Friday, April 9, 2010

Tom Scherman's Discovery Bay Sketches

Tokyo Disney Sea is largely considered as the most beautiful theme park in the world, and Mysterious Island is without a doubt one of the best aspects of the park. When it was built in 2000, Tom had unfortunately passed away but as you will see Mysterious Island design found its origin in Tom Scherman's work for another WDI project, Discovery Bay.



Tom Scherman left some original drawings drawings related to Discovery Bay. Here is what Rowland told me about why Tom was so interested in furthering the adventures of Nemo's Nautilus:

"Ten years before Tokyo Disney Sea, Tom and Harper Goff had an idea for a TV show and a Theme Park/Ride called Discovery Bay. It was Nemo's home base and there were to be lessons of travel, nature and physics involved.

Harper died before they could collaborate on the project, but Tom was still thinking about it and drew different versions of it over and over again. He also did, at his own expense, a pilot film preview of the TV show concept. It is a cult classic, but no one at Disney ever got to see it.

Tom drawings were done on napkins - his favorite medium - not only because he could do them while dining at a restaurant, but also because he liked the shading effects he could produce on the napkin's absorbent surface. The sketches simply took form in Tom's head. He could visualize the project from any angle, and then simply create it on a napkin!

The fact that Tokyo's Mysterious Island looks like Tom's ten year old drawings is a source of speculation as to which came first. Alas, now that Tom is no longer with us, that answer will probably remain a mystery."

Recently, a kind soul gave me more information about the collaboration between Tom Scherman and Harper Goff. As you will see, the legendary imagineer Tony Baxter was also involved in the project:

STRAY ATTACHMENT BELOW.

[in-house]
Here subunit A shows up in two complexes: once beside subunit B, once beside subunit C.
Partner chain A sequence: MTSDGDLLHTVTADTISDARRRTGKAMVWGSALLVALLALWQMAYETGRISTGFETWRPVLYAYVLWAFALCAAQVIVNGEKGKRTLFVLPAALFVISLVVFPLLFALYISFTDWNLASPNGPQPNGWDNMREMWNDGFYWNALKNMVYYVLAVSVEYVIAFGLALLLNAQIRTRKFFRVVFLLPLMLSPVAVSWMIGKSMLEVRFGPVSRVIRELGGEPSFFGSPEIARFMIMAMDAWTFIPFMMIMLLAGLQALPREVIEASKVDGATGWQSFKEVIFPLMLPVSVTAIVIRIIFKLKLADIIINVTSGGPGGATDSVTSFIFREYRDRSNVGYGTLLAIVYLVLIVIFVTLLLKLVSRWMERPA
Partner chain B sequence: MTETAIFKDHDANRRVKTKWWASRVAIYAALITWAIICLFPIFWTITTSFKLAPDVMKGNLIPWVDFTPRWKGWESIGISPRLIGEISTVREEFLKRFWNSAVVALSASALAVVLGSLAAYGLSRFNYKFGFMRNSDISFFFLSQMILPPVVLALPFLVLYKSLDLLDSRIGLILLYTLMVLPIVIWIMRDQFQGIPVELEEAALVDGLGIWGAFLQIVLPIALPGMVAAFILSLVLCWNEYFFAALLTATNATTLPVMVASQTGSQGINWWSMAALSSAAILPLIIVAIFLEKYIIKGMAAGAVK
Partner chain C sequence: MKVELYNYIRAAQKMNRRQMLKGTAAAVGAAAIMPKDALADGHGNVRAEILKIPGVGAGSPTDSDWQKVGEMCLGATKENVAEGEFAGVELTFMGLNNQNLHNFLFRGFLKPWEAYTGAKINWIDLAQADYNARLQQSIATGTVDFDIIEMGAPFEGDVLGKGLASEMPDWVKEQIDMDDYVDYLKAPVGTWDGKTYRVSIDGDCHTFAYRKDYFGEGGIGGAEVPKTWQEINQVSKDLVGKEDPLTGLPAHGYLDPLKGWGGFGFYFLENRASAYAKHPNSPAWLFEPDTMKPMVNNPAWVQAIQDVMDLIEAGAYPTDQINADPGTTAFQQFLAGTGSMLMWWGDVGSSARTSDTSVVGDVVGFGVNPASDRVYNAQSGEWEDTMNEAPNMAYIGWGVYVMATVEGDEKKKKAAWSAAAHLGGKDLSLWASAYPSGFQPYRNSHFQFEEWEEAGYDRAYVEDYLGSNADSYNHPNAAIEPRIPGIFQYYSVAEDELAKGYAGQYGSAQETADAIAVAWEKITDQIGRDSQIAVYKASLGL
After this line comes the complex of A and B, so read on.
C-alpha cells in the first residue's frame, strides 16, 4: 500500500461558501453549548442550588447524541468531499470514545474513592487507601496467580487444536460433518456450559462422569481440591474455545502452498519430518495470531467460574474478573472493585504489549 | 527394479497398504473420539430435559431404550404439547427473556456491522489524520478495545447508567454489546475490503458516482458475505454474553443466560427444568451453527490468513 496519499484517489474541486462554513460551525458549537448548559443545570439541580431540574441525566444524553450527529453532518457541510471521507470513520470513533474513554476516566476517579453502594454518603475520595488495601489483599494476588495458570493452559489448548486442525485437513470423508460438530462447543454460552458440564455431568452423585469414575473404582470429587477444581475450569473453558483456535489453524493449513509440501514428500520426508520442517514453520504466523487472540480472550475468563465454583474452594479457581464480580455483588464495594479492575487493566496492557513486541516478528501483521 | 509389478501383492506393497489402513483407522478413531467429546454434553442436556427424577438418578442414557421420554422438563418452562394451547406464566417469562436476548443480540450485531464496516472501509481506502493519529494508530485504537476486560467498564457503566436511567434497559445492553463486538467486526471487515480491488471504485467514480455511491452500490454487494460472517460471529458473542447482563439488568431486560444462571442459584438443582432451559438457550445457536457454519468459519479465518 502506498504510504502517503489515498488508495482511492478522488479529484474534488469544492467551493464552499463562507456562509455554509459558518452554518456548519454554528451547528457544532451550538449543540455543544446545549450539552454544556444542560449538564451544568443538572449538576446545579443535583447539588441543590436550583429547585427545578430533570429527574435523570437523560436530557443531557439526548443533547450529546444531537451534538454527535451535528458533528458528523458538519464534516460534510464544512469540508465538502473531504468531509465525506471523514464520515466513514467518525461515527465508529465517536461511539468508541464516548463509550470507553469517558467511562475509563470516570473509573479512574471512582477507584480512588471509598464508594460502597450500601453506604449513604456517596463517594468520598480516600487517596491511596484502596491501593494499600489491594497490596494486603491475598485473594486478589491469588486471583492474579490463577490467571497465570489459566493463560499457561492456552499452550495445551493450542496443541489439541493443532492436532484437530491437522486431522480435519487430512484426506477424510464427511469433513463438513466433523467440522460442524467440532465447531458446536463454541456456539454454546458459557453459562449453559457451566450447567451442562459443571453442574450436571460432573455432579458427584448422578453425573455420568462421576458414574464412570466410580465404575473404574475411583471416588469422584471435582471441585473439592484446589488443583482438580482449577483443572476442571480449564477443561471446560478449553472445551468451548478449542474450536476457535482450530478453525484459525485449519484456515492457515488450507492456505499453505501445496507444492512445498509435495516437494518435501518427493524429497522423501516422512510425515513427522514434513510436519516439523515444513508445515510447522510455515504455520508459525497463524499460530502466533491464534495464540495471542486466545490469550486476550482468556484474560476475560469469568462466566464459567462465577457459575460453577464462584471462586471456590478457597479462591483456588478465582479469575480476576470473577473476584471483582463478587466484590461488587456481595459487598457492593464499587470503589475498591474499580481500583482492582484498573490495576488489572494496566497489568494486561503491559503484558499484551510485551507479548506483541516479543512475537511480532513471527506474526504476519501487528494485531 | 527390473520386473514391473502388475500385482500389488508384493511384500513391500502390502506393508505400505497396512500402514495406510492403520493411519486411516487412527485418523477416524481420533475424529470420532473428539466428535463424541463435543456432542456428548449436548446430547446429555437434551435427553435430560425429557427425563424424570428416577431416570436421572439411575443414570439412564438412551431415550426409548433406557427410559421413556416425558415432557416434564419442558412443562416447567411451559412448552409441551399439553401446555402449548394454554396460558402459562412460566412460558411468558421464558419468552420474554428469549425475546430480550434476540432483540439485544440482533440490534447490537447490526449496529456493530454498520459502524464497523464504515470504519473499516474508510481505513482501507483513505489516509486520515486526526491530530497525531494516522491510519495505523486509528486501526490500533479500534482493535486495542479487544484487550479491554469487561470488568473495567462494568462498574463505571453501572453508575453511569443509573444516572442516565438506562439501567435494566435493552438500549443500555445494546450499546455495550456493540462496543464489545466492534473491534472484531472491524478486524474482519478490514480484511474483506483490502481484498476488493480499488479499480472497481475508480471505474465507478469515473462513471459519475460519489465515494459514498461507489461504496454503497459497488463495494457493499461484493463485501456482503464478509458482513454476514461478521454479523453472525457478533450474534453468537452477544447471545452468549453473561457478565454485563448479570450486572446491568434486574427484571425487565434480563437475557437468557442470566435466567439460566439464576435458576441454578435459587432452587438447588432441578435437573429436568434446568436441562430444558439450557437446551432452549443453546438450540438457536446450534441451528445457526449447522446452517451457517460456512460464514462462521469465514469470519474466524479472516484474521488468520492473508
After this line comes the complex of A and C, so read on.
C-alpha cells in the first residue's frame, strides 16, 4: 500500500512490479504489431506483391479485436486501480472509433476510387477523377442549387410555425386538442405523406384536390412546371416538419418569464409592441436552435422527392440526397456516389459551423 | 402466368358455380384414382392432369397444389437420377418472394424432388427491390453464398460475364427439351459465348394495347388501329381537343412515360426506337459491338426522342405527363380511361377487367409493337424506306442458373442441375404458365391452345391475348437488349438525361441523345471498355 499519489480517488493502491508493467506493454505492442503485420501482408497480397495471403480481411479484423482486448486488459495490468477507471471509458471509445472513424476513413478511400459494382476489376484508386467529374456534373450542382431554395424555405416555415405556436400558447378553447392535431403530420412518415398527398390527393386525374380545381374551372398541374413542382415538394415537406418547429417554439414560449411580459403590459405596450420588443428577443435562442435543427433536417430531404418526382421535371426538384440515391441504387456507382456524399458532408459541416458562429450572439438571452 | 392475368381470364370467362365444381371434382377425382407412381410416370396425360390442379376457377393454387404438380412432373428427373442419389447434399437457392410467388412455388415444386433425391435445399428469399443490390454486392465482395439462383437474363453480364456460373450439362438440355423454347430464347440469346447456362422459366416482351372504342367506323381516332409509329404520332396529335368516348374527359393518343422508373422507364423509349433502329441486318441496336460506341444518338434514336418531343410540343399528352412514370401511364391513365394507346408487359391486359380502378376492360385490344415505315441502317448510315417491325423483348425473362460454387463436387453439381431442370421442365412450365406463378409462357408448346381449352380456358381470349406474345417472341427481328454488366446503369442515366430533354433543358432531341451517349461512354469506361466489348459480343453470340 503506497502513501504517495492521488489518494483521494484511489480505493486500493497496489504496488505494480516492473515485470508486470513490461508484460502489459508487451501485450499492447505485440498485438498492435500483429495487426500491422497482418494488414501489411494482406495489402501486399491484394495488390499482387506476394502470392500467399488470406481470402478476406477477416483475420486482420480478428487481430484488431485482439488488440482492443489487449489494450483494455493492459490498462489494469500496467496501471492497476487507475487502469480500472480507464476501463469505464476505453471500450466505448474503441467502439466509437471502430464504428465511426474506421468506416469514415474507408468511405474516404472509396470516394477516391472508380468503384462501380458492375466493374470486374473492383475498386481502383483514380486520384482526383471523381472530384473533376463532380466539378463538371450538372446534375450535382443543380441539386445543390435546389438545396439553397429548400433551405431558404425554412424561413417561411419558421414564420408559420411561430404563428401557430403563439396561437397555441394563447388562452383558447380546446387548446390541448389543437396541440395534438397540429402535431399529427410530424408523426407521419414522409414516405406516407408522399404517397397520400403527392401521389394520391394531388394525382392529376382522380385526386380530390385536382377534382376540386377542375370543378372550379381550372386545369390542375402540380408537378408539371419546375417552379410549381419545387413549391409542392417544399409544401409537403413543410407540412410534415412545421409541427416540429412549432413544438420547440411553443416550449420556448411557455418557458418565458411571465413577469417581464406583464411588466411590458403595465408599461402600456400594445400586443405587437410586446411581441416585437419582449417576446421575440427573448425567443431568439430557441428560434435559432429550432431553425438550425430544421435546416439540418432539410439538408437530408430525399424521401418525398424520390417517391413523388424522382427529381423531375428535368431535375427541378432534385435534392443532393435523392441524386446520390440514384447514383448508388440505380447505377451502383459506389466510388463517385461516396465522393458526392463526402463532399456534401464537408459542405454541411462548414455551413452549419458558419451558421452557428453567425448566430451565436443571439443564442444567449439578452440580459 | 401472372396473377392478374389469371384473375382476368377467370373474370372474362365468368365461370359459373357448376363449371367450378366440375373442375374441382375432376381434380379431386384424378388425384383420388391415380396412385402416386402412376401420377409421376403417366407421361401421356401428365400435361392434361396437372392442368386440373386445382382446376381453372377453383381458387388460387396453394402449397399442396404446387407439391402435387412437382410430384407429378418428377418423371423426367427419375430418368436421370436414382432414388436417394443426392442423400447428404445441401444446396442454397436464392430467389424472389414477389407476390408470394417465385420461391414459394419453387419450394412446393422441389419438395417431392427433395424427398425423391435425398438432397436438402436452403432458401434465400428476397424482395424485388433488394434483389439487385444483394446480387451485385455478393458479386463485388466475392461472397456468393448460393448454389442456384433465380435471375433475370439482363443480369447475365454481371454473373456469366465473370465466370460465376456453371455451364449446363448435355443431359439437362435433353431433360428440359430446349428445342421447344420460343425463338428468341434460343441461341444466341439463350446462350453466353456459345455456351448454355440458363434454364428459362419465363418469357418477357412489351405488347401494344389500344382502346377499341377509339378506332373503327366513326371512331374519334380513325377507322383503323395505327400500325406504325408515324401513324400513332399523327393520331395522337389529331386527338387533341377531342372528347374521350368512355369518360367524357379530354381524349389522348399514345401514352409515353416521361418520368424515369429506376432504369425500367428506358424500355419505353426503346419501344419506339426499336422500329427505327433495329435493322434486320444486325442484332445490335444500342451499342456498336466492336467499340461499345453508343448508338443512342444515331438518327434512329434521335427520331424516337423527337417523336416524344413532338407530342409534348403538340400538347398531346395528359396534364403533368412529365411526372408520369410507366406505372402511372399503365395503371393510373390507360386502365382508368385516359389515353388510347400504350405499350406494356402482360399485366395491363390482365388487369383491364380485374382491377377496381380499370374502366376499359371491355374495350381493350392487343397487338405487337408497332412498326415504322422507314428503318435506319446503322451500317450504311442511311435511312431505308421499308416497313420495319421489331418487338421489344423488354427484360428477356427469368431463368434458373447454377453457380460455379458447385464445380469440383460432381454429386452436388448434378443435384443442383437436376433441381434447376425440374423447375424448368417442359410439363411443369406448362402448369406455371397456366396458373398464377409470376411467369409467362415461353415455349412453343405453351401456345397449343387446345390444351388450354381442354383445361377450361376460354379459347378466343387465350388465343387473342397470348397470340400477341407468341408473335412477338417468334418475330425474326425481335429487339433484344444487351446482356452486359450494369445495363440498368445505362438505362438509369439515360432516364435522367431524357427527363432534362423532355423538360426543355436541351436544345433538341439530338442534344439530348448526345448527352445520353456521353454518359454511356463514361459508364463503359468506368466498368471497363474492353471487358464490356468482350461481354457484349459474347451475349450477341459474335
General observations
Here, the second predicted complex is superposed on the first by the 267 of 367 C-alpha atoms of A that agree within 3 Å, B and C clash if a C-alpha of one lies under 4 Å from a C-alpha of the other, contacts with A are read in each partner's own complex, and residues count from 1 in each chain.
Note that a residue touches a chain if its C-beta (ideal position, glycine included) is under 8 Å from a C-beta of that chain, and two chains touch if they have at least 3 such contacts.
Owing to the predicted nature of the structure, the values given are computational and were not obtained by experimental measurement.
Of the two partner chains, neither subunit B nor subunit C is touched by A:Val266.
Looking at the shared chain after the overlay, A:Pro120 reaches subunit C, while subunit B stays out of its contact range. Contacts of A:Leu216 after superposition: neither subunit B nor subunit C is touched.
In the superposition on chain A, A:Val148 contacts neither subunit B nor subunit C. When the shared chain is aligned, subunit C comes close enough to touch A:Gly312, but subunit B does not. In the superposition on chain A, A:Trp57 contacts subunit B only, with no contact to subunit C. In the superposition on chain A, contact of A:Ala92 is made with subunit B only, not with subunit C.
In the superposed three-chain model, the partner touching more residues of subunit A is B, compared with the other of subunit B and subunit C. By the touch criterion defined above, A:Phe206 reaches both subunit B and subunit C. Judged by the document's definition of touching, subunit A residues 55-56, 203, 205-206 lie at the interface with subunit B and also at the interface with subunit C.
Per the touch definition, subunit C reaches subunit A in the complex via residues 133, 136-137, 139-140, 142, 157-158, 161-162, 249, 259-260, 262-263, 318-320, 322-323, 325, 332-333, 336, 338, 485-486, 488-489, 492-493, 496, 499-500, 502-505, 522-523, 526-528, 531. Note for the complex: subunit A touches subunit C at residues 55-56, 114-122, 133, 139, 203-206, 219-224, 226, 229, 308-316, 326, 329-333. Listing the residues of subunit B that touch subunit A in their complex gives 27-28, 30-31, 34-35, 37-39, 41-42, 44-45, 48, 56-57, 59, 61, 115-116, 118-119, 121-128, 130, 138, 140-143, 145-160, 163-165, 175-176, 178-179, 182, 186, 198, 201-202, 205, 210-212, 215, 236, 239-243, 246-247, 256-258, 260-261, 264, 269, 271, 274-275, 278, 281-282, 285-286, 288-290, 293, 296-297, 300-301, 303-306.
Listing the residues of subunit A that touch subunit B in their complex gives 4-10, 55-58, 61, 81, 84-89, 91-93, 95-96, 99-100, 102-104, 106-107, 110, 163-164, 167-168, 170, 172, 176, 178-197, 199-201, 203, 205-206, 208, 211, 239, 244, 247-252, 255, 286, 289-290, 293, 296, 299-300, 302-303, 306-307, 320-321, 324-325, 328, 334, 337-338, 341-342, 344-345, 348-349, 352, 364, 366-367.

"Yes, Harper worked on it, but, the project was primarily Tony Baxter and Tom Scherman. In fact, most of the design work that TDS show-producer Steve Kirk and his team used in the final placement of Mysterious Island was directly inspired and/or lifted from the work that Tom and Tony did on the Port Disney project (Long Beach, CA) for the "Mysterious Island" installation there. Tom passed on far too early to work upon the DisneySea version of Mysterious Island, and Tony was not a member of the design team that was assigned to Tokyo DisneySea. But the work that created that installation rests fully upon the previous foundations laid by Tony Baxter and Tom, dating back to the mid-1970's"

So, quite a while ago, Tom did what he always did to jog his memory: he began to draw Vulcania Island, from what he remembered from the 1954 movie.

Here are some of these rare black and white drawings, beginning with an overall view of the volcano and the Nautilus floating in its lagoon.



Here is another one, a closer view of the Nautilus.



This next one shows the fantastic machines built by Captain Nemo as seen around the Vulcania lagoon.



Tom's drawings also depicted what would be years later the decor of the "Journey to the Center of the Earth" ride, like this setpiece that everybody walking around Vulcania's lagoon can see.



Not to mention this concept for the boarding area, as seen by TDS guests after they took the "Terravator" and arrive in the center of the Earth...



As we can see on the pictures below, Mysterious Island is not that far from Tom's concept-arts.









Now, the good news is that Rowland who own the rights on these drawings, is currently producing a set of limited edition lithographs, in a partnership with this website. It is a very limited edition, between 100 and 150 numbered sets, large-sized, all with a certificate of authenticity.

If you're a Nautilus fan - and who isn't? - this is a one-of-a-kind opportunity to own some of Tom Scherman's artwork and a bit of Tokyo Disney Sea history. To order one of these prints please go on the "Vulcania Treasures" section of this site or email me at: lawrence55@wanadoo.fr and we will forward your request.

Artwork: copyright Tom Scherman

Photos: copyright Oriental Land co

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